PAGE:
Hardcover vs. Paperback

When I first saw the hardcover jacket for Swim the Fly by Don Calame (2009), I thought it must be a draft. It didn’t have the look of a finished cover – none of the pieces seem to fit together very well. I’ve talked about green before – here’s one of those places where the green just doesn’t work well. One blog review said “If you are a boy, have boys, know boys, or enjoy boys … this book is for you!,” but I don’t imagine this cover was much of a magnet for boys.
But then what do I know? Another blog saysWe love the final look–represents the contents very well and should be eye catching on the bookstore and library shelves for its target audience.” Hmm.
Fortunately, the paperback cover is much better. I like the water & bubbles effect. Colors are good too, orange and red – warm colors – against the cool blue of the water. Far more pleasing to this artist’s eye…

Swim the Fly: Swim team members and best friends Matt, Sean, and Coop, set themselves the summertime goal of seeing a live girl naked, and while the chances of that happening seem very dim, Matt’s personal goal to swim the one-hundred-yard butterfly to impress the new girl on the team seems even less likely to happen. Ages 12+. Reviews 1, 2, 3, 4, 5.


7 Responses to “Hardcover vs. Paperback”

  1. The other thing that works for me for the paperback is that it reminds me of a James Patterson novel. Since those — at least in my experience — are big hits with the boys, mimicking that will certainly help this title that totally screams “boy!”

  2. Agreed! The new cover is much better — and the subtitle helps, too.

  3. I never knew a cover design could be changed from Hardcover to Paperback. That’s so interesting.

  4. I’m not sure you know. The second cover looks like a Peter Benchley book as viewed through a front loading washing machine window. Super-generic, and it looks like something your dad might read. The original is nothing special but at least it’s typographically playful.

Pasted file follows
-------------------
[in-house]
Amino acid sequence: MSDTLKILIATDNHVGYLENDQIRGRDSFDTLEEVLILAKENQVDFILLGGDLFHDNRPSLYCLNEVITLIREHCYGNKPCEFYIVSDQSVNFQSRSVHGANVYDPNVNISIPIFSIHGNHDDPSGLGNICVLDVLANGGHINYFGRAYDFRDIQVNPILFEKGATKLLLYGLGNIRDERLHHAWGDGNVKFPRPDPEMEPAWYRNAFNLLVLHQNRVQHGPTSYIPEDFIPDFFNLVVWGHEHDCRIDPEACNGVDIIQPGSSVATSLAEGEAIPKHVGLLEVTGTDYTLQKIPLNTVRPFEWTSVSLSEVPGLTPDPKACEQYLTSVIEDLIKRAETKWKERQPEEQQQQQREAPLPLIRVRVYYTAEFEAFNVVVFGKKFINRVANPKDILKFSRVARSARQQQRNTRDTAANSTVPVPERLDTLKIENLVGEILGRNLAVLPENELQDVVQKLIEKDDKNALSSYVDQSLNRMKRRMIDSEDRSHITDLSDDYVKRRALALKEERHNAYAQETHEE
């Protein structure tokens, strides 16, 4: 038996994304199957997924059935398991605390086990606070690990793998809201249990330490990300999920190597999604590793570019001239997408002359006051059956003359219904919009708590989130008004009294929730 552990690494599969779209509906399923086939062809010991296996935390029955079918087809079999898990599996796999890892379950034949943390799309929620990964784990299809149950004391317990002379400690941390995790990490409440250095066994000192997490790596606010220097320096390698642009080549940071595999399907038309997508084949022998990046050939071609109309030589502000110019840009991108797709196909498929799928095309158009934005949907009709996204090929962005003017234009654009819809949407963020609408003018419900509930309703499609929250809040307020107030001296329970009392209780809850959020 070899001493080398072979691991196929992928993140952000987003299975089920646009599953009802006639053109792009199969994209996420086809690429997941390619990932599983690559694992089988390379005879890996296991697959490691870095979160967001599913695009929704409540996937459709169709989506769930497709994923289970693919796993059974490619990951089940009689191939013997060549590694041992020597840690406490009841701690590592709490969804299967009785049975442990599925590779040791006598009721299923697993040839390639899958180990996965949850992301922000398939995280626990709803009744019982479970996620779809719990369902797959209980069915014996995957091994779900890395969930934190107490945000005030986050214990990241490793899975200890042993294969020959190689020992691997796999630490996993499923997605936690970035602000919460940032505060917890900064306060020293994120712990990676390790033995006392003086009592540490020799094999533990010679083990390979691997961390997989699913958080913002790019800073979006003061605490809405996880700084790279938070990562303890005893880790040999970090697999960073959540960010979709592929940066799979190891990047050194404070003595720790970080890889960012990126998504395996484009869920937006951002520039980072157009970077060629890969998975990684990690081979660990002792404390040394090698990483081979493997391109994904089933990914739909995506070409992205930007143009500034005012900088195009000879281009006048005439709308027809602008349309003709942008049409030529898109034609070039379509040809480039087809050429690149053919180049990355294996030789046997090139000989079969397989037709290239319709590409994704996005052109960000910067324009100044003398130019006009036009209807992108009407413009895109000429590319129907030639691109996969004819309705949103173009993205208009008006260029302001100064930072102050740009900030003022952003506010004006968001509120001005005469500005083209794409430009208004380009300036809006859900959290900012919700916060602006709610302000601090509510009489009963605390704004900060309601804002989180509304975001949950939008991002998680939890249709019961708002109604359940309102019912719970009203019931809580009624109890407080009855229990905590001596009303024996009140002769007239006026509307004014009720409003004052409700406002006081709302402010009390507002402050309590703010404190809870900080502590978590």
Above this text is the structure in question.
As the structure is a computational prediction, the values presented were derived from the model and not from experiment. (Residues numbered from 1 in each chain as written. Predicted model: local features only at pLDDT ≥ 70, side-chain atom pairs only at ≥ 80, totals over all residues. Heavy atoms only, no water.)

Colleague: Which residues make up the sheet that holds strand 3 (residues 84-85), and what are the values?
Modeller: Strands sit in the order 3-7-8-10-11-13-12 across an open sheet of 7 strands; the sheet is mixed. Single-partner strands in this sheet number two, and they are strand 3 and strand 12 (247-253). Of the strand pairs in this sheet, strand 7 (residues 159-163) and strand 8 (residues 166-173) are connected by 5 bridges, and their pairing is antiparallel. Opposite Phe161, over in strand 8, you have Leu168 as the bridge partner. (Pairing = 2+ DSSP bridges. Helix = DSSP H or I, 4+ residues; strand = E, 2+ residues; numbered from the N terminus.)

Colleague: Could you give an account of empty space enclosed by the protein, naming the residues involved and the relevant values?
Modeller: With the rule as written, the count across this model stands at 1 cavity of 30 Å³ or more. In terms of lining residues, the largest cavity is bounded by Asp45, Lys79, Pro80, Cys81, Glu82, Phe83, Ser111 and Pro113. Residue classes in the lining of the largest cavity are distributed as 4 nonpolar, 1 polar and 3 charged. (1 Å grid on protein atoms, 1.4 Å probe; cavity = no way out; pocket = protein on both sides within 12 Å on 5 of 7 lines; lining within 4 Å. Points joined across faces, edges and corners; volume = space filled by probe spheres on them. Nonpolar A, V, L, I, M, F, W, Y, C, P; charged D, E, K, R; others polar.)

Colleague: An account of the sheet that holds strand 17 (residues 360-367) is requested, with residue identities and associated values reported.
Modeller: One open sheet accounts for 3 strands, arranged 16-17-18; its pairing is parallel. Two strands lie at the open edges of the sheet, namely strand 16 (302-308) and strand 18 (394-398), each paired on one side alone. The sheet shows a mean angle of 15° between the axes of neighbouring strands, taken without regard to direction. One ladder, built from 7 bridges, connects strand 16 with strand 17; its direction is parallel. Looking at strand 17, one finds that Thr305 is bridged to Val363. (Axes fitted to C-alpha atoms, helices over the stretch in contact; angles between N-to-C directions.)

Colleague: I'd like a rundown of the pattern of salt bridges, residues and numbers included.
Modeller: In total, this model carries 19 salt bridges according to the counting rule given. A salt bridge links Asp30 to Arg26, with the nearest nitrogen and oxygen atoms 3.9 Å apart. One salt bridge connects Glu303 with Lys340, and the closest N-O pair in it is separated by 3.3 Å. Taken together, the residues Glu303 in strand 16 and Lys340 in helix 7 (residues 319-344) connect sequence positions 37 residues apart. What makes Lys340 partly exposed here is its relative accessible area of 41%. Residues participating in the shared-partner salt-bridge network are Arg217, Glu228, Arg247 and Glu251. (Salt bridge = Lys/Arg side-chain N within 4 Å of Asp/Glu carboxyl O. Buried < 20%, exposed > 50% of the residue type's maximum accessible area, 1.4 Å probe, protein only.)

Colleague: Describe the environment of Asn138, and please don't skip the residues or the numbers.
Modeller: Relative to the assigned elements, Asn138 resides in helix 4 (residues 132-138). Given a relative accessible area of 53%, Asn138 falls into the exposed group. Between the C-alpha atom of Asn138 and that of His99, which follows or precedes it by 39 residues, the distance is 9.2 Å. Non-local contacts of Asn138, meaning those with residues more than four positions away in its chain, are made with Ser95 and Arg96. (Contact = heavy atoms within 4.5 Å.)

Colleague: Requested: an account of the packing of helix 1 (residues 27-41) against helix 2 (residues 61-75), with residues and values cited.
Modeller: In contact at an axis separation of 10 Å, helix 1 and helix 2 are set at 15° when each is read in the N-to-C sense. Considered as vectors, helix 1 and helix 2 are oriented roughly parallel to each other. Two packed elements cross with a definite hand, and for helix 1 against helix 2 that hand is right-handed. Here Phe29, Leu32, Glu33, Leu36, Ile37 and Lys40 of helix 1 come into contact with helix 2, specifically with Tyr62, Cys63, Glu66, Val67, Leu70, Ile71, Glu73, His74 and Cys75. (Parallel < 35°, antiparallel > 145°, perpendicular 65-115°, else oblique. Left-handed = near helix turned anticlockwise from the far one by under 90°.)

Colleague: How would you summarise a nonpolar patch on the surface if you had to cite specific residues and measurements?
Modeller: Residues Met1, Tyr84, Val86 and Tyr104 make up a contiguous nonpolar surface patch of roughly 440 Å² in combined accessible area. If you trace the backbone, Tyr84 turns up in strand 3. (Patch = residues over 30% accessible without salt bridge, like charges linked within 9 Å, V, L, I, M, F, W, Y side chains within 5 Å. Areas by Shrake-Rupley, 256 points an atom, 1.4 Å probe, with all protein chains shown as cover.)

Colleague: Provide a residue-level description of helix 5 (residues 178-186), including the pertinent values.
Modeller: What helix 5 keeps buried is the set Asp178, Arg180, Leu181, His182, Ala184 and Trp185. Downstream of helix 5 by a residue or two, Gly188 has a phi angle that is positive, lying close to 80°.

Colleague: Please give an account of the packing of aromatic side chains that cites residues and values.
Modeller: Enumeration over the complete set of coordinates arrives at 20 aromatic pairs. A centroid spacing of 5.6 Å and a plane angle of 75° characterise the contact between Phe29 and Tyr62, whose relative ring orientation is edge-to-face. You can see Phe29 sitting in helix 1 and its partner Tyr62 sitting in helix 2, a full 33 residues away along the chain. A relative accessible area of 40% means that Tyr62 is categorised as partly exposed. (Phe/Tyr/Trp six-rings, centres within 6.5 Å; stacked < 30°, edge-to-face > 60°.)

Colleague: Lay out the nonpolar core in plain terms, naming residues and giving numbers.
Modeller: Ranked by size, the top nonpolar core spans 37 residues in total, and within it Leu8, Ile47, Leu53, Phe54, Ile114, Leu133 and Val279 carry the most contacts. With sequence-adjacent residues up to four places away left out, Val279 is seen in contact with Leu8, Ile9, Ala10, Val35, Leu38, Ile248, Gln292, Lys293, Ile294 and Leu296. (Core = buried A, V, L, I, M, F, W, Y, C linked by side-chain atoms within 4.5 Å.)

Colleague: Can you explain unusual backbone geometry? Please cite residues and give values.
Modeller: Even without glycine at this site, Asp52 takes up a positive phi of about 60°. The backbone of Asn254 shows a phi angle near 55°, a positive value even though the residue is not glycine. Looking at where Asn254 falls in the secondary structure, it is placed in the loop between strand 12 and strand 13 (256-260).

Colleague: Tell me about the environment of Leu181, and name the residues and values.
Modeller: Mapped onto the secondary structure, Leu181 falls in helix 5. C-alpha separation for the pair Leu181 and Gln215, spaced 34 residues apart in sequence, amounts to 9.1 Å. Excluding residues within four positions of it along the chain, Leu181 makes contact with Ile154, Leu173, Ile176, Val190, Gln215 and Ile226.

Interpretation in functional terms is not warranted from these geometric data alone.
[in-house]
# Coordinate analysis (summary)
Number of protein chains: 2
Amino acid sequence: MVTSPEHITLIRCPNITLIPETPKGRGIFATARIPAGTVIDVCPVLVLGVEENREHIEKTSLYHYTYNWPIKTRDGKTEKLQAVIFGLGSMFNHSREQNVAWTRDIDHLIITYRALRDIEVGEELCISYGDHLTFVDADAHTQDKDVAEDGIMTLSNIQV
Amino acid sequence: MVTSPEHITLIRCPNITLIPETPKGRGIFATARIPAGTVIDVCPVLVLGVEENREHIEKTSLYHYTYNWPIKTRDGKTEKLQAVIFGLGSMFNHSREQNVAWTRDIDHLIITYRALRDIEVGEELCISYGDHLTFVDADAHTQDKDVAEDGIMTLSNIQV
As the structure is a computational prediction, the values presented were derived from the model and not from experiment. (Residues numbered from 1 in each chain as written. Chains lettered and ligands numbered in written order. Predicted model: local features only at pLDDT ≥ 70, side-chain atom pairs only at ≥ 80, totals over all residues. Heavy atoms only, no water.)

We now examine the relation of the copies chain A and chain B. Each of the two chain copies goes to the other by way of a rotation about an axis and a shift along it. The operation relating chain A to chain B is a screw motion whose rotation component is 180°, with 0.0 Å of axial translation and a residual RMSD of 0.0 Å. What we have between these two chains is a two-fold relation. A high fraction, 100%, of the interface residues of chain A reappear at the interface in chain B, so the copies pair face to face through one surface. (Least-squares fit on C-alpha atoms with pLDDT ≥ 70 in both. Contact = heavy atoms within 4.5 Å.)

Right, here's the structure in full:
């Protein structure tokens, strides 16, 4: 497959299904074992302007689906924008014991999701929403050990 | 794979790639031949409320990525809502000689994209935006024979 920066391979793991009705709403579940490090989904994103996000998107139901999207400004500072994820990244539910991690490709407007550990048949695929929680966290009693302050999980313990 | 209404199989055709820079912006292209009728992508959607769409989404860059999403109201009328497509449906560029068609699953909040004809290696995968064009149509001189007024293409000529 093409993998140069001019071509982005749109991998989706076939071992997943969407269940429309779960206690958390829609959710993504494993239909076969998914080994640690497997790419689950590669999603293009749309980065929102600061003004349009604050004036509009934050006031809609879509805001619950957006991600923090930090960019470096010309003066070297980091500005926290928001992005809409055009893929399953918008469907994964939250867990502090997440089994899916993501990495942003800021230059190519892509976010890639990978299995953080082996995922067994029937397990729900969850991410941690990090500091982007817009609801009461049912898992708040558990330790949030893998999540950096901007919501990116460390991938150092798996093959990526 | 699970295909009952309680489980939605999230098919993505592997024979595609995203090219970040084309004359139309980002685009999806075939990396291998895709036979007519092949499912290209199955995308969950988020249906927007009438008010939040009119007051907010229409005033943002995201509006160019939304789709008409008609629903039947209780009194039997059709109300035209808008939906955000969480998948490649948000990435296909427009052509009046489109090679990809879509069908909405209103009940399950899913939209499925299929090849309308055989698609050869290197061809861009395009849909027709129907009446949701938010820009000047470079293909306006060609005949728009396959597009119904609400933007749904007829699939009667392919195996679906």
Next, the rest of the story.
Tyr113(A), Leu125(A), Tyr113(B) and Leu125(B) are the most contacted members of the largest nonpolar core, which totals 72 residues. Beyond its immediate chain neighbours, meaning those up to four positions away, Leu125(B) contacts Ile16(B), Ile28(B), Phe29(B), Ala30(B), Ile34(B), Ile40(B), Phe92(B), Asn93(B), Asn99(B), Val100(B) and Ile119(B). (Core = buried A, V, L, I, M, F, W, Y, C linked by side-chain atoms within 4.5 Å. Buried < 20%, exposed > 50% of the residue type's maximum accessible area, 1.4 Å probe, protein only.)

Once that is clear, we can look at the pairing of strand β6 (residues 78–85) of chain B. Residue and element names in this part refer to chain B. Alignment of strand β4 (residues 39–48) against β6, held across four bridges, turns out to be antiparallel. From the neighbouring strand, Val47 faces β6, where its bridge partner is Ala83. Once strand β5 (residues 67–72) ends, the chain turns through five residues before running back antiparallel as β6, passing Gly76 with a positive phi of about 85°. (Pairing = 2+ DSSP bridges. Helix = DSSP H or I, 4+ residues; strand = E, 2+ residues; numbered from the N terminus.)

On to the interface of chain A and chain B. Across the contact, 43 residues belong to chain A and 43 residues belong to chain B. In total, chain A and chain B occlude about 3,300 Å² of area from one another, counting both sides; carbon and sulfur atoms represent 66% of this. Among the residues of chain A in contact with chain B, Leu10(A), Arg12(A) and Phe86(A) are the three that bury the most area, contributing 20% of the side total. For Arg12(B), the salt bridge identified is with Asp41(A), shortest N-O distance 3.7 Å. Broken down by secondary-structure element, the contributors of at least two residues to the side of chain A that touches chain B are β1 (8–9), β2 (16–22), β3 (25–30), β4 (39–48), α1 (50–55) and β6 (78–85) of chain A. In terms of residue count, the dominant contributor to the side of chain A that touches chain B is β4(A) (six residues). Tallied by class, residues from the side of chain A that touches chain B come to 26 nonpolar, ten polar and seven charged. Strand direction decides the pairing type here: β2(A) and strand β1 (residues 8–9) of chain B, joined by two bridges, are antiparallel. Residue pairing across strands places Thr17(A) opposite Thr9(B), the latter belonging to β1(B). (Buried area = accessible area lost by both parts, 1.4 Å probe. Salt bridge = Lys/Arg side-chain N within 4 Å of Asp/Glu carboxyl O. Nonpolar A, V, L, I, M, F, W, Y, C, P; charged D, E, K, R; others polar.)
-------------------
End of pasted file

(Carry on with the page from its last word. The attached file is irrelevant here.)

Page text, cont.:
• Jacket Whys Says:

      Point taken, for sure. One of the things a wrestle with all the time on this blog is that my POV is just one POV. It amazes me when I’m reading book reviews and one will say a book has exquisite character development – and then I’ll read another review of the same book that will say that where the book is lacking is in its development of character. We’ll never all agree.
      So then, why bother? To bring elements into the light in order to create discussion? We all bring something different to it. In hearing what others bring, we educate ourselves.
      Or something like that. :-)

      • Well exactly! No one is right, I get so cross on the internet because every view is taken as black and white. Which is nonsense, we all bring a different perspective to the table. I’m certainly not righter than anyone else.

        I think that the morning I wrote this I had a bee in my bonnet about something or other. I really like your blog!

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